By Ernst B. Haas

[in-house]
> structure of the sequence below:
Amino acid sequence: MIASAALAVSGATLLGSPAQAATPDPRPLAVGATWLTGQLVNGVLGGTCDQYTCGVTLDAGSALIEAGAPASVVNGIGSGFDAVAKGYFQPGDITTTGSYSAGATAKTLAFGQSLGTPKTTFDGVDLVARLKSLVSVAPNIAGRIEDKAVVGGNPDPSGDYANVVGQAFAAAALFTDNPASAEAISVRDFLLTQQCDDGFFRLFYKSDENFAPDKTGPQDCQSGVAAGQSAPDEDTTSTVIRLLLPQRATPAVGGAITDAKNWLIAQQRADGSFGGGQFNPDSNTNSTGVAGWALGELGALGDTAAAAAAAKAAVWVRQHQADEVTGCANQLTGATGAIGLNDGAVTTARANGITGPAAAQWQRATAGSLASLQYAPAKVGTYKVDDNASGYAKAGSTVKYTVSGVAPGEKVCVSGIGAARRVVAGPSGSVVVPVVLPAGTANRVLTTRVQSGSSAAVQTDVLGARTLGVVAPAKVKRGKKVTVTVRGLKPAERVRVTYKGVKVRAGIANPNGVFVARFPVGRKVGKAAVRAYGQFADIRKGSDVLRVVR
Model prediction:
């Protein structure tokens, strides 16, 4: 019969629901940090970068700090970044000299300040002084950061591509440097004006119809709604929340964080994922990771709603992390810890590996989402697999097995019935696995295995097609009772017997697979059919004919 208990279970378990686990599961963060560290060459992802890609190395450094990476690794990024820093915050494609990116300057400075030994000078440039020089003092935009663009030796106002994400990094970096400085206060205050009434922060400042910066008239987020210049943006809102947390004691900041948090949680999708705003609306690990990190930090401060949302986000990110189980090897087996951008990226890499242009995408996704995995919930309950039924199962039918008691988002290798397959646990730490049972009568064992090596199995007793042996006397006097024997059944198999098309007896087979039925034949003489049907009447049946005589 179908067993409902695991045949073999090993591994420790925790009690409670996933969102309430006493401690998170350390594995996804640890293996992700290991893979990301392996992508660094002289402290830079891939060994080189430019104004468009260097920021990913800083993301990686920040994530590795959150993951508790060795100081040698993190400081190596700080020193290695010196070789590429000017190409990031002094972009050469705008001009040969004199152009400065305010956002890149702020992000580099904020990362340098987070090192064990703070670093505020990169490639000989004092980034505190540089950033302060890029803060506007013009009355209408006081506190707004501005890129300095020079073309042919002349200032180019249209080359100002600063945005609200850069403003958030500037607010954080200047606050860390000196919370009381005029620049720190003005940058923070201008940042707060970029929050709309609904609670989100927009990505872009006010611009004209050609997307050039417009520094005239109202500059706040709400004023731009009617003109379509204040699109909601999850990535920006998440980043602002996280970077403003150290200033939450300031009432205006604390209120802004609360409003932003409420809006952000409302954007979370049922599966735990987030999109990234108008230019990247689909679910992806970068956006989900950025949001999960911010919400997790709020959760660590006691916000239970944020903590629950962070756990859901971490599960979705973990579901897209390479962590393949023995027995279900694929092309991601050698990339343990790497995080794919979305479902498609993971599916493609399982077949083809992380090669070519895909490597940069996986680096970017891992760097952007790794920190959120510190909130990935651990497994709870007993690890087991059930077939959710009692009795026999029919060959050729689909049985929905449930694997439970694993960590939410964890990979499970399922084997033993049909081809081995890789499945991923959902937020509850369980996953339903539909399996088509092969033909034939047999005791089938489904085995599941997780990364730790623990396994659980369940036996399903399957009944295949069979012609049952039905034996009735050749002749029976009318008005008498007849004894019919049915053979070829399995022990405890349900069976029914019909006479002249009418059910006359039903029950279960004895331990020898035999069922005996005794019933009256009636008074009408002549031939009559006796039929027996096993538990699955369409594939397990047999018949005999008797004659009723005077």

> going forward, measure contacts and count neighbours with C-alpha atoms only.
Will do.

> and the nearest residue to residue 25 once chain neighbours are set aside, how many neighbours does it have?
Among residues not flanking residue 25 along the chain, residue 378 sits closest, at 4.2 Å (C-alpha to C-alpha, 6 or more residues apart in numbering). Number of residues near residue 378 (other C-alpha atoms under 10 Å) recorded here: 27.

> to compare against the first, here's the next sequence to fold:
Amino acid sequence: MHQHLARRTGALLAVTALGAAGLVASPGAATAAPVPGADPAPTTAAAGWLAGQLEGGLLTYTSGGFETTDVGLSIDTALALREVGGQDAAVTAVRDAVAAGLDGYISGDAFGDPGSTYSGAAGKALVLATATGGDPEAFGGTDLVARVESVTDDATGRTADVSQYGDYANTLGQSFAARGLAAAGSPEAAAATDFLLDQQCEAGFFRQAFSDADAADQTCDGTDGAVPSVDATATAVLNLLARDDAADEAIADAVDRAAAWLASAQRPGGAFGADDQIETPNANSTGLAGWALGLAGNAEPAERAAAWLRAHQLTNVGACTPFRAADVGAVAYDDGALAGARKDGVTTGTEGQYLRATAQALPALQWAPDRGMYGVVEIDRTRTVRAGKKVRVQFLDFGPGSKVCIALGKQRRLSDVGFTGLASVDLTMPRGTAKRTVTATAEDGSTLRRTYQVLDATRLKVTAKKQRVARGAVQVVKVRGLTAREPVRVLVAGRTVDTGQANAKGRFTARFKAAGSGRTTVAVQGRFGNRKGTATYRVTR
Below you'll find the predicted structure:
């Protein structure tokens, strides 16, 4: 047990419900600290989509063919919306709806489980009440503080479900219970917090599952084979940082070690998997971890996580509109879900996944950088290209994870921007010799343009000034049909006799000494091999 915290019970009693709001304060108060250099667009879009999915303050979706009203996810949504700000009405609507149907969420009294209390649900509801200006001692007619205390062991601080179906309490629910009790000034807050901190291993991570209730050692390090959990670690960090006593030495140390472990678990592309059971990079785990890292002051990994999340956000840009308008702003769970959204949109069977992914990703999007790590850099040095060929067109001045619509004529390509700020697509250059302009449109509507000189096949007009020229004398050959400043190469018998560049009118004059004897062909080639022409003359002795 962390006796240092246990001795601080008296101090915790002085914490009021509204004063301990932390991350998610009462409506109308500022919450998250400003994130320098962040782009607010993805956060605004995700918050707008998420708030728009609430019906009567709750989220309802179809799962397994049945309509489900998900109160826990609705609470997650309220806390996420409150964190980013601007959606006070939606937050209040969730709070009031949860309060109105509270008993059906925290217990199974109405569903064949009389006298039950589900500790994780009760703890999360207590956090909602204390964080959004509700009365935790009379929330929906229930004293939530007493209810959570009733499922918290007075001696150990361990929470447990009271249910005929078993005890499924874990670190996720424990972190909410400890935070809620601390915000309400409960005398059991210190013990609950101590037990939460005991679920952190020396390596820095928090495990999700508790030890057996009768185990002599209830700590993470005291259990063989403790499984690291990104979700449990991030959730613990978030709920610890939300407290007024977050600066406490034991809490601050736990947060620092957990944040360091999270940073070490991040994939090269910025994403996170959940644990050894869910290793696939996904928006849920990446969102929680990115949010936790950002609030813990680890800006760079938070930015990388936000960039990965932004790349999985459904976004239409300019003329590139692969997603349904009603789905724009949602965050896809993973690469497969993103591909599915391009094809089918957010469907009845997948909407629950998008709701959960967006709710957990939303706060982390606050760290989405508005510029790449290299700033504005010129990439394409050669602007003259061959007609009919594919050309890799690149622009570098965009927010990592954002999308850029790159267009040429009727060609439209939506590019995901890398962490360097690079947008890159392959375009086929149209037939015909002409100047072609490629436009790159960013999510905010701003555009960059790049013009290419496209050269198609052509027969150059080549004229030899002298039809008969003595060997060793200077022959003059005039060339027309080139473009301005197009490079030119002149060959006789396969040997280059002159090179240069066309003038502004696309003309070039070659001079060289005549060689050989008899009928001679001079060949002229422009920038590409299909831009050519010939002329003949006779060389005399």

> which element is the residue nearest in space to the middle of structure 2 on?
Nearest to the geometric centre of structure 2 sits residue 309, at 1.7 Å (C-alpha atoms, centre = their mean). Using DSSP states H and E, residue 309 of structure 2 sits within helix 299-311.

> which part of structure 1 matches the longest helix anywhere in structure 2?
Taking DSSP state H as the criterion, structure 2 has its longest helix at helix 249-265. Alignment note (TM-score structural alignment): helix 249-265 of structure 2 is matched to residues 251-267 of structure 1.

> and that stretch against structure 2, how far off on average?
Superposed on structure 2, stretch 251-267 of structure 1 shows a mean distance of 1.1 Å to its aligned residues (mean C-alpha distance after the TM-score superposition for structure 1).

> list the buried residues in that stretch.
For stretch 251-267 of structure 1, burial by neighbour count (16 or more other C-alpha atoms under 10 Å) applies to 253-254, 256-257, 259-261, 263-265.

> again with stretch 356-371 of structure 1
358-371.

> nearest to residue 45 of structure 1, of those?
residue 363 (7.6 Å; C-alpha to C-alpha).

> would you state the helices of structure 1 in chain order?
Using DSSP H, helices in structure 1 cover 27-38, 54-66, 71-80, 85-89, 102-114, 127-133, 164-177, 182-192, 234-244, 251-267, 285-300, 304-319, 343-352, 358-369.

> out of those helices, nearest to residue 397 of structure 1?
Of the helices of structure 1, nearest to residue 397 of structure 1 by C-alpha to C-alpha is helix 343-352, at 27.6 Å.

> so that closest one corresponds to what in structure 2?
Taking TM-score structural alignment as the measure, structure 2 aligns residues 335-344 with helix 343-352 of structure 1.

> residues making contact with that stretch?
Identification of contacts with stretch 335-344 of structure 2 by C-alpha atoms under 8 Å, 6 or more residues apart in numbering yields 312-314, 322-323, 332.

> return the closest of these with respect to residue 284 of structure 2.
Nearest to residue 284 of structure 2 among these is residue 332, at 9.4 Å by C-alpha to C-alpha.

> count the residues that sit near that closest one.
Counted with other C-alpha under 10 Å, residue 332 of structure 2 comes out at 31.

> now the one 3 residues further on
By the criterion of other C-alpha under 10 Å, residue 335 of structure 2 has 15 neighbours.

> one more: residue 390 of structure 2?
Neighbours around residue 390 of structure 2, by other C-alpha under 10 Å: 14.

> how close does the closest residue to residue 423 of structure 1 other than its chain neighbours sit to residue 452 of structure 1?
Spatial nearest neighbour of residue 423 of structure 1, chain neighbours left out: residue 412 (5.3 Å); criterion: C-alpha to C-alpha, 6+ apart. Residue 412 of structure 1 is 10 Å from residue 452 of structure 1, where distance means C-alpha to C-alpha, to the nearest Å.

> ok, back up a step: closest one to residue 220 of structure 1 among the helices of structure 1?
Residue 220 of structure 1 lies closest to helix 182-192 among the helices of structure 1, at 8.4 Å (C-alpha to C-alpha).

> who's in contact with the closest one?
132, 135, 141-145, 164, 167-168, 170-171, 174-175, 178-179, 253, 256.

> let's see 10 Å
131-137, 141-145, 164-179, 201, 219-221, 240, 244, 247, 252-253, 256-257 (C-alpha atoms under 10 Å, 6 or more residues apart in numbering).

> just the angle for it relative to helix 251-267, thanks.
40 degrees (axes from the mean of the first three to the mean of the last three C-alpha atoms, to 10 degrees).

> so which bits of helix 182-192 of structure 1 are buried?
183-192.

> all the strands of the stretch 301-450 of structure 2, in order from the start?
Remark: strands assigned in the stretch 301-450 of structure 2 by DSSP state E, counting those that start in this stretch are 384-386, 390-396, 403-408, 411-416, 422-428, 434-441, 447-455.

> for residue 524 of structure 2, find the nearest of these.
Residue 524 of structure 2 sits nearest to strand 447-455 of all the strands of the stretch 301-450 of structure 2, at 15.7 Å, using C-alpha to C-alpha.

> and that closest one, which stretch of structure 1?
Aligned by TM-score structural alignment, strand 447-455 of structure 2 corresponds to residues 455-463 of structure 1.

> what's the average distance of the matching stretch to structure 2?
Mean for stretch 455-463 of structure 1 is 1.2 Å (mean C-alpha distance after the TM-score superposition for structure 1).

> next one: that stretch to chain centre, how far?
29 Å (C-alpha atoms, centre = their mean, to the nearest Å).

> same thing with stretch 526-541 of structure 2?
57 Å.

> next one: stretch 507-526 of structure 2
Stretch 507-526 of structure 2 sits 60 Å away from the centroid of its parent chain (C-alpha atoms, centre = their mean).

Has global liberalism made the nation-state obsolete? Or, on the contrary, are primordial nationalist hatreds overwhelming cosmopolitanism? To assert either theme without serious qualification, according to Ernst B. Haas, is historically simplistic and morally misleading. Haas describes nationalism as a key component of modernity and a crucial instrument for making sense of impersonal, rapidly changing, and heterogeneous societies. He characterizes nationalism as a feeling of collective identity, a mutual understanding experienced among people who may never meet but who are persuaded that they belong to a community of kindred spirits. Without nationalism, there could be no large integrated state. Nationalism comes in many varieties, some revolutionary in rejecting the past and some syncretist in seeking to retain religious traditions. Haas asks whether liberal nationalism is particularly successful as a rationalizing agent, noting that liberalism is usually associated with collective learning and that liberal-secular nationalism delivers substantial material benefits to mass populations. He also asks whether liberal nationalism can lead to its own transcendence. He explores nationalism in five societies that had achieved the status of nation-states by about 1880: the United States, Britain, France, Germany, and Japan. Several of these nation-states became exemplars for later nationalists. A second, forthcoming volume will consider ten societies that modernized more recently, many of them aroused to nationalism by the imperialism of these "old" nation-states.